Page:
A Storyby Paul Bowles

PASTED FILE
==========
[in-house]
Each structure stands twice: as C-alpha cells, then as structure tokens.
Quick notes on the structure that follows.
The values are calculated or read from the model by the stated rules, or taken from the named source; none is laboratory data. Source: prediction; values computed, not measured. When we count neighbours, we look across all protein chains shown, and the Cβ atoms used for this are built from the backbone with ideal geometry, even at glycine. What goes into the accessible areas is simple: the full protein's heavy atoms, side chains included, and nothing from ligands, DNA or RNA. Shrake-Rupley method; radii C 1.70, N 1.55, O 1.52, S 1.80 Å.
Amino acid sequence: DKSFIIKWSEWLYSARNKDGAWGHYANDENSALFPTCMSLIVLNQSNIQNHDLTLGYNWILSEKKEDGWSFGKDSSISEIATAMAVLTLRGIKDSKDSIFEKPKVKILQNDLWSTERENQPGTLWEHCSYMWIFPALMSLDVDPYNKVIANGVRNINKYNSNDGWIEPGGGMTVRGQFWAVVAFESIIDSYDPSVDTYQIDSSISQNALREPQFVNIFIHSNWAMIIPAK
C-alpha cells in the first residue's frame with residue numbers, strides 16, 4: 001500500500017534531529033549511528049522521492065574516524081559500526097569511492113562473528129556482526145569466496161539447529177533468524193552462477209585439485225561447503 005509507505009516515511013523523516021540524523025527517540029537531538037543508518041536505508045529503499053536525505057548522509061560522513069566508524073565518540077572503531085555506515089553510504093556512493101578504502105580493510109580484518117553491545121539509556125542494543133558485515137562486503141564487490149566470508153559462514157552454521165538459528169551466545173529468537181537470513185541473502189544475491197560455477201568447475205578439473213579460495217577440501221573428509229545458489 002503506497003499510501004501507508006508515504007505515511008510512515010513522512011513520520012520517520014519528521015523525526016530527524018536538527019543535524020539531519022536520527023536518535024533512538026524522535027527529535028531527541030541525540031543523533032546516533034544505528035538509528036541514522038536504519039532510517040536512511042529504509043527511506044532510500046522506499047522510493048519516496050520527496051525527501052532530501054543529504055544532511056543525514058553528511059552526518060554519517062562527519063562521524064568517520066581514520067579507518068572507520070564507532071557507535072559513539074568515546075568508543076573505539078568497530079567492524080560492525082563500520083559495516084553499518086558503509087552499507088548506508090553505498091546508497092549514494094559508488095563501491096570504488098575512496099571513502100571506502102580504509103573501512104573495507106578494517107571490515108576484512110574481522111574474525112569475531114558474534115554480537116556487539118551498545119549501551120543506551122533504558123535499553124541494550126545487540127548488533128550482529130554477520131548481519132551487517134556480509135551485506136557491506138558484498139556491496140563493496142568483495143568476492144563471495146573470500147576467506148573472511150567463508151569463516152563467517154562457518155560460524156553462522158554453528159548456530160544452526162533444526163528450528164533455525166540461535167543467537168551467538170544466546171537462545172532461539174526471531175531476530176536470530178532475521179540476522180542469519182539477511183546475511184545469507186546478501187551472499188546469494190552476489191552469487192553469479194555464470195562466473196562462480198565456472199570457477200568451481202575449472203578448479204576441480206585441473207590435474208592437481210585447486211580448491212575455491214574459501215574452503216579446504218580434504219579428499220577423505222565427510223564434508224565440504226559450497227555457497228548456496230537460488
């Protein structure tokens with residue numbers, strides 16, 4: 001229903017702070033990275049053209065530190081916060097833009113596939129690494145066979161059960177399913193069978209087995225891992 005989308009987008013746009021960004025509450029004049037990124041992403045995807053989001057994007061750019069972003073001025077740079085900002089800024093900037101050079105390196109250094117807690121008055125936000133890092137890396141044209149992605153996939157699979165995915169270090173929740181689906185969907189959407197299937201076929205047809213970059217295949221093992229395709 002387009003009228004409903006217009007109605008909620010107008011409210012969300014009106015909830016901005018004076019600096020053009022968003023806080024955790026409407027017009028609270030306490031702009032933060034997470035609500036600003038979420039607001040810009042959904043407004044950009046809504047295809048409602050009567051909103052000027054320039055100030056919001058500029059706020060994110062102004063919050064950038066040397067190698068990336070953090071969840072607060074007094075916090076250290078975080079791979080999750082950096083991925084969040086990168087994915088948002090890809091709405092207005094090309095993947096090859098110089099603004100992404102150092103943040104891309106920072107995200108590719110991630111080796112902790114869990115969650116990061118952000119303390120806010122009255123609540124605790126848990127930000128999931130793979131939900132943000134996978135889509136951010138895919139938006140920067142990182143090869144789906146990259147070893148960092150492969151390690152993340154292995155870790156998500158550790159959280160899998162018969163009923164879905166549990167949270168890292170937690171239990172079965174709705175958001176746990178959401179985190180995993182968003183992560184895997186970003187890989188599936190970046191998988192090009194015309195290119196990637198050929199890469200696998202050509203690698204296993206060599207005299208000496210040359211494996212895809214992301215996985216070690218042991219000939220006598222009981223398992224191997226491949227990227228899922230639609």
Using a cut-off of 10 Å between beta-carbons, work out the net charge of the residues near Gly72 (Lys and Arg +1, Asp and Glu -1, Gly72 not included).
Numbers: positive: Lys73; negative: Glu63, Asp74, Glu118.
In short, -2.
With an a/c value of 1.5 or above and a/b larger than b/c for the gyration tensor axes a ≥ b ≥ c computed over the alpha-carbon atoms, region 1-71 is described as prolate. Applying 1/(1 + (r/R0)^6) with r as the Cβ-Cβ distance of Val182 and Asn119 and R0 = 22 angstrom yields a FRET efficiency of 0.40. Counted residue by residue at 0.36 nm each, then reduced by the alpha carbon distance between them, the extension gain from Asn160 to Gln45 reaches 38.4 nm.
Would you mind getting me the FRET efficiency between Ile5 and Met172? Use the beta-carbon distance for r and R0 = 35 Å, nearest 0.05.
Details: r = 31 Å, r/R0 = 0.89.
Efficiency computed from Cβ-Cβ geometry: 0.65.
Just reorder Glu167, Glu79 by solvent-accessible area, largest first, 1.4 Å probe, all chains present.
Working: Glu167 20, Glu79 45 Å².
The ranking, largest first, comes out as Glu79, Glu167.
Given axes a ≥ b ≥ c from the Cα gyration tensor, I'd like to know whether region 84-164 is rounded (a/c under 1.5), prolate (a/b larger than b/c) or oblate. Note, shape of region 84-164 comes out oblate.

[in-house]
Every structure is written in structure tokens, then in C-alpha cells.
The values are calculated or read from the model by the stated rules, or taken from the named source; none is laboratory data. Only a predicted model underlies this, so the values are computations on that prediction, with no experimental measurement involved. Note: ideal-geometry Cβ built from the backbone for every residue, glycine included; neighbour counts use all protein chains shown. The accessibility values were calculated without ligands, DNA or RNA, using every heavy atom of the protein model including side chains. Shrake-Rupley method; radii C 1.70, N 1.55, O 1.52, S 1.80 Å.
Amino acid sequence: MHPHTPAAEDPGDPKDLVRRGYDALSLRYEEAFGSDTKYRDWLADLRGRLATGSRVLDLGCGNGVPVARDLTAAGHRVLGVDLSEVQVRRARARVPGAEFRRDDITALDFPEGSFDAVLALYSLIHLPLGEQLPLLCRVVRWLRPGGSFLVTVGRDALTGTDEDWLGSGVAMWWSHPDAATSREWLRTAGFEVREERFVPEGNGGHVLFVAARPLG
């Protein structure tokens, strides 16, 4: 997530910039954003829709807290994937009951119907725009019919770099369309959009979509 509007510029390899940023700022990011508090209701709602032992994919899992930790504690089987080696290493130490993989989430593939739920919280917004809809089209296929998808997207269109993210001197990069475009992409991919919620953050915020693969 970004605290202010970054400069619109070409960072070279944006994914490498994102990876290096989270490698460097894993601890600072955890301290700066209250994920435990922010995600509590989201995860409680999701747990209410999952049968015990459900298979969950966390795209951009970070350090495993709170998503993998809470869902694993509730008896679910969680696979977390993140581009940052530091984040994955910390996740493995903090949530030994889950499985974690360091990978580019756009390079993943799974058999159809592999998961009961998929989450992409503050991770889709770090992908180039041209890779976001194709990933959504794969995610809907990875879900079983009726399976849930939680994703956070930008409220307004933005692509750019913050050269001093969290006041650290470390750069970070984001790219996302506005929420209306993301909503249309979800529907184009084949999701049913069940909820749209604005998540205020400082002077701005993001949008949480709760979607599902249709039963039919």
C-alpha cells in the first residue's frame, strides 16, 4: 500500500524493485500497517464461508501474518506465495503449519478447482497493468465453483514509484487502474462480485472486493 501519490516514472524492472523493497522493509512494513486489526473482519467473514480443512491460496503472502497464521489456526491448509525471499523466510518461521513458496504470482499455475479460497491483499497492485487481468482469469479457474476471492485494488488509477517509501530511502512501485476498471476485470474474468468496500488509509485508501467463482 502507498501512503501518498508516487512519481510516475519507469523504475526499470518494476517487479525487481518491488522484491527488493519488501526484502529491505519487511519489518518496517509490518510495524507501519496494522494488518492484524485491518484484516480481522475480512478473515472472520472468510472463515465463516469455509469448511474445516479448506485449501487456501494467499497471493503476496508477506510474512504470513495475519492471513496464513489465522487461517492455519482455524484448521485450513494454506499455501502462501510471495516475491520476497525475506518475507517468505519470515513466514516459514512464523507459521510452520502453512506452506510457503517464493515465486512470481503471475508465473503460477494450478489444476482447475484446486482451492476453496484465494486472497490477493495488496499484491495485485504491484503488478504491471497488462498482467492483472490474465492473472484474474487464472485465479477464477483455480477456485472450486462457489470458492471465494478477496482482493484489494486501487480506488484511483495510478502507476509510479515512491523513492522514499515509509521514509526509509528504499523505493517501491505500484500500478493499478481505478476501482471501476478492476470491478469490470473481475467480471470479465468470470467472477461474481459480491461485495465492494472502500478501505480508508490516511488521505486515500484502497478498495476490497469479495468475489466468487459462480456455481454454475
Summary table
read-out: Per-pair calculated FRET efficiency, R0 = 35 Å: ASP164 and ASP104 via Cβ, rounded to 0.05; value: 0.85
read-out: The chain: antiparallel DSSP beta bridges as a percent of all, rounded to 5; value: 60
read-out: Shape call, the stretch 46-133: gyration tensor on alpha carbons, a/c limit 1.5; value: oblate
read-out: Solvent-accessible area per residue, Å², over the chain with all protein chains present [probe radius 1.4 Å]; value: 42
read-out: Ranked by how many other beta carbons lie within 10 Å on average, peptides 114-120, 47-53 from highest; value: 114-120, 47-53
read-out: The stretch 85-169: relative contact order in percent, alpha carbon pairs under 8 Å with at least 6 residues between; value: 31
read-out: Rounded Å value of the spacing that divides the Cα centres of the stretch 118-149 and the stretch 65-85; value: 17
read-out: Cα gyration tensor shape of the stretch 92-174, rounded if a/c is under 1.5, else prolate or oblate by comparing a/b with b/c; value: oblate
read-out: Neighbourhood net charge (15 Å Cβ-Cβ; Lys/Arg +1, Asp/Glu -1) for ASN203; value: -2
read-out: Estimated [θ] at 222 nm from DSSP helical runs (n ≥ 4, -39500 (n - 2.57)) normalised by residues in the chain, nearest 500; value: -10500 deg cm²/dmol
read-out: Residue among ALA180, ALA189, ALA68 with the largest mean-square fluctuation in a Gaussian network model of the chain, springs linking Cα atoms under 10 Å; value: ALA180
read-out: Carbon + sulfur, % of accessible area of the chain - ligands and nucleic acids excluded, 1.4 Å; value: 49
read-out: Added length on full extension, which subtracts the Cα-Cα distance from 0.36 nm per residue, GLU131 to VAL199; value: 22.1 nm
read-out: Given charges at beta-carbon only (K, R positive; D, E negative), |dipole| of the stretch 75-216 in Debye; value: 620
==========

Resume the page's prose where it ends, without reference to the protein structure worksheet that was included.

The September sunsets were at their reddest the week the Professor decided to visit Aïn Tadouirt, which is in the warm country. He came down out of the high, flat region in the evening by bus, with two small overnight bags full of maps, sun lotions and medicines. Ten years ago he had been in the village for three days; long enough, however, to establish a fairly firm friendship with a café-keeper, who had written him several times during the first year after his visit, if never since. “Hassan Ramani,” the Professor said over and over, as the bus bumped downward through ever warmer layers of air. Now facing the flaming sky in the west, and now facing the sharp mountains, the car followed the dusty trail down the canyons into air which began to smell of other things besides the endless ozone of the heights: orange blossoms, pepper, sun-baked excrement, burning olive oil, rotten fruit. He closed his eyes happily and lived for an instant in a purely olfactory world. The distant past returned—what part of it, he could not decide.